Emotional Intelligence and Parenting

The 21st century will be a time of many overlapping crises. The ability to maintain some level of emotional stability in the midst of this will be vital, and it’s a skill that can (and ideally, should!) be learnt from a young age. CEM supporter Antje Timmerman writes about her approach with her young children, with further reading for those who are interested in going deeper. Thanks Antje for taking the time to share your thoughts.

When my children turned from babies into toddlers, entering their “Terrible Twos” , I remembered how I read the book “EQ” by Daniel Goleman at university. I found his approach to learning emotional intelligence fascinating then and have come to find it a real life saver when dealing with the kids as they learn to manage their own behaviour and the relationships with their friends and the adults around them.

1. Self-awareness

Self-awareness is the foundation of emotional intelligence. It is the ability to recognize and label your own emotions. It means to understand the physical effects that emotions have on you and connect them to a certain feeling and maybe even identify a trigger for it.

As my children calm down after a tantrum, cuddling, I usually label emotions for them (Your sister took your toy train from you without asking – did that make you angry?)

2. Self-regulation.

Once you have a clear understanding of what is happening with your body through emotions such as fear, anticipation, surprise, anger, sadness or anger, the next step is to control and regulate your behaviour. This does not mean to suppress the emotions, but to consciously influence the way we react to them.

When my children feel angry we have a simple rule. I will never scold them for being angry, but they must not damage anything or hurt anyone. We talk about alternative ways in which they are allowed to express their anger – shout, stamp their feet or throw themselves on the sofa. As they grows older, we’ll work our way through more subtle ways of expressing anger, like counting to ten or breathing deeply.

Up until now – these two aspects were all that I worried about for the two of them at pre-school age. Now at age five my older son is only just starting to ask more difficult and complex questions – and the thought of explaining to him about climate change makes me nervous. Again I find myself applying this model (also for myself!) in speaking to him when we discuss deep questions and worries.

3. Motivation

The words “emotion” and “motivation” are closely connected. Both stem from the latin root “movere” – to move. Emotions can be strong drivers to help us reach our goals if we use them in a regulated and controlled way. Keeping active and addressing the issues that cause fear and anger help to create hope and optimism.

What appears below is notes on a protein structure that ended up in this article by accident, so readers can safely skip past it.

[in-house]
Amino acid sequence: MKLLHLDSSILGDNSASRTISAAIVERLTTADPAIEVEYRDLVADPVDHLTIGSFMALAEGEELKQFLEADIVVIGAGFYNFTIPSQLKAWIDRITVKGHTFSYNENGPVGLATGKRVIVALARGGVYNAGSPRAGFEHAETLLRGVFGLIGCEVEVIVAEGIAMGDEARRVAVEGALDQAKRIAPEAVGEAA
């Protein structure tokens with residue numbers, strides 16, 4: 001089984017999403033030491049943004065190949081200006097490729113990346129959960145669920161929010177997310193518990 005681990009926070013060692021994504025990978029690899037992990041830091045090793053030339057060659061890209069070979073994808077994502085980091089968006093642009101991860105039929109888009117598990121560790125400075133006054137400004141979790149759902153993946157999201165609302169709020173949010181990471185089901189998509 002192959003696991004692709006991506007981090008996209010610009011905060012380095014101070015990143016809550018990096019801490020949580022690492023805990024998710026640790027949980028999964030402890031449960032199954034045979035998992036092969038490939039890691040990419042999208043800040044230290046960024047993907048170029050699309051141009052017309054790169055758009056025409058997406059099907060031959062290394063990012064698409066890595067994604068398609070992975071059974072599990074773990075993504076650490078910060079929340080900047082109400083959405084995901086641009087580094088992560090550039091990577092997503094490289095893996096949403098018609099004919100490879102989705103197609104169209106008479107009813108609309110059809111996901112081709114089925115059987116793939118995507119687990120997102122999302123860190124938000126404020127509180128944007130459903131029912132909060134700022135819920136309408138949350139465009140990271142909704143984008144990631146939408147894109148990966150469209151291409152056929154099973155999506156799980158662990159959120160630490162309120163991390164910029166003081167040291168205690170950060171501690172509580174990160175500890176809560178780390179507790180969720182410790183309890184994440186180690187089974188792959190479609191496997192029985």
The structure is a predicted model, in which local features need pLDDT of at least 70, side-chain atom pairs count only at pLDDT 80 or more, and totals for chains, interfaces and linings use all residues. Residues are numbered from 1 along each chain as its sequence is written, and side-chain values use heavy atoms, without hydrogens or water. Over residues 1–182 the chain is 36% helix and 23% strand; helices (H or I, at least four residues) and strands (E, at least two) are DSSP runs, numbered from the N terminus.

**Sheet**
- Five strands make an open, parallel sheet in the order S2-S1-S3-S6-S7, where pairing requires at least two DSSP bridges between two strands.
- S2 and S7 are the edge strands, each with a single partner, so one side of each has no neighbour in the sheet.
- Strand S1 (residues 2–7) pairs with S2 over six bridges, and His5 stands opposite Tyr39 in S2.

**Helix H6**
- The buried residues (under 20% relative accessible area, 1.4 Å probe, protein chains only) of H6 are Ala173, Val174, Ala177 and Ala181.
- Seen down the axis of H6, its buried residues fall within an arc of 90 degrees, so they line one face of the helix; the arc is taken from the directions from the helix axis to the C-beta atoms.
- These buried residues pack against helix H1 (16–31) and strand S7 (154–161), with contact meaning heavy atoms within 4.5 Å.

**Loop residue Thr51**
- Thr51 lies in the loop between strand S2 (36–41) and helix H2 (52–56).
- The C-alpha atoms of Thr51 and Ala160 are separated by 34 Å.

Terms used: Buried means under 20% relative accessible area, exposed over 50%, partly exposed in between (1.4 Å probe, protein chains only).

Climate Change is a huge challenge for the whole planet. As an individual it is easy to become completely overwhelmed by the consequences of it, that the future will hold for us and our children.

The “Motivation” aspect teaches us to use our own emotions to be active and do the things we can do. This helps to reduce our own negative feelings and give an example and hope to others around us.

4. Empathy

The first three aspects dealt with our own emotions. Empathy is about understanding the emotions of other people, identifying the way they feel and maybe also why they feel that way.

Watching my children I am fascinated how they could from a very young age react in a loving and caring way when another child is hurt, when they themselves are detached from the situation. Once they the children themselves have an interest in a toy or sweet that they are fighting over, it is much harder for them to put themselves into the other child’s shoes. I guess the very same thing is true for adults. If we want to learn empathy we would need to (temporarily) blend out our own needs and emotions and truly listen to the other person(s).

5. Social Skills

If empathy correlates with self-awareness, then social skills correlate with self-regulation. After recognizing and understanding the emotions of other people, this skill is about reacting appropriately. If we take all the things from above into account, we see that social skills are an extremely complex balancing act to do justice to one’s own and to the other person’s need.

As a parent I see my task as putting my children on the way to learn these skills as I learn along with them.

Further Reading: Daniel Goleman “Emotional Intelligence – Why it can matter more than IQ

Antje Timmermann is a mother of two children and founded the Deutsche Centre, a German language and culture centre. She is originally from Germany, and made Manchester her new home in 2012. Antje is a member of the Green Party.

2 thoughts on “Emotional Intelligence and Parenting”

  1. Hi Antje, interesting article, thank you. At what age did you start implementing the “rule” about how to act when angry?

    1. Hi Elsa,
      I don’t really remember their age. Probably around 2-3. It’s not so much introducing the rule, and I can’t say that they “have got it now”. It’s more like a continuing thing about constantly reminding them what is acceptable and what isn’t when they are upset.

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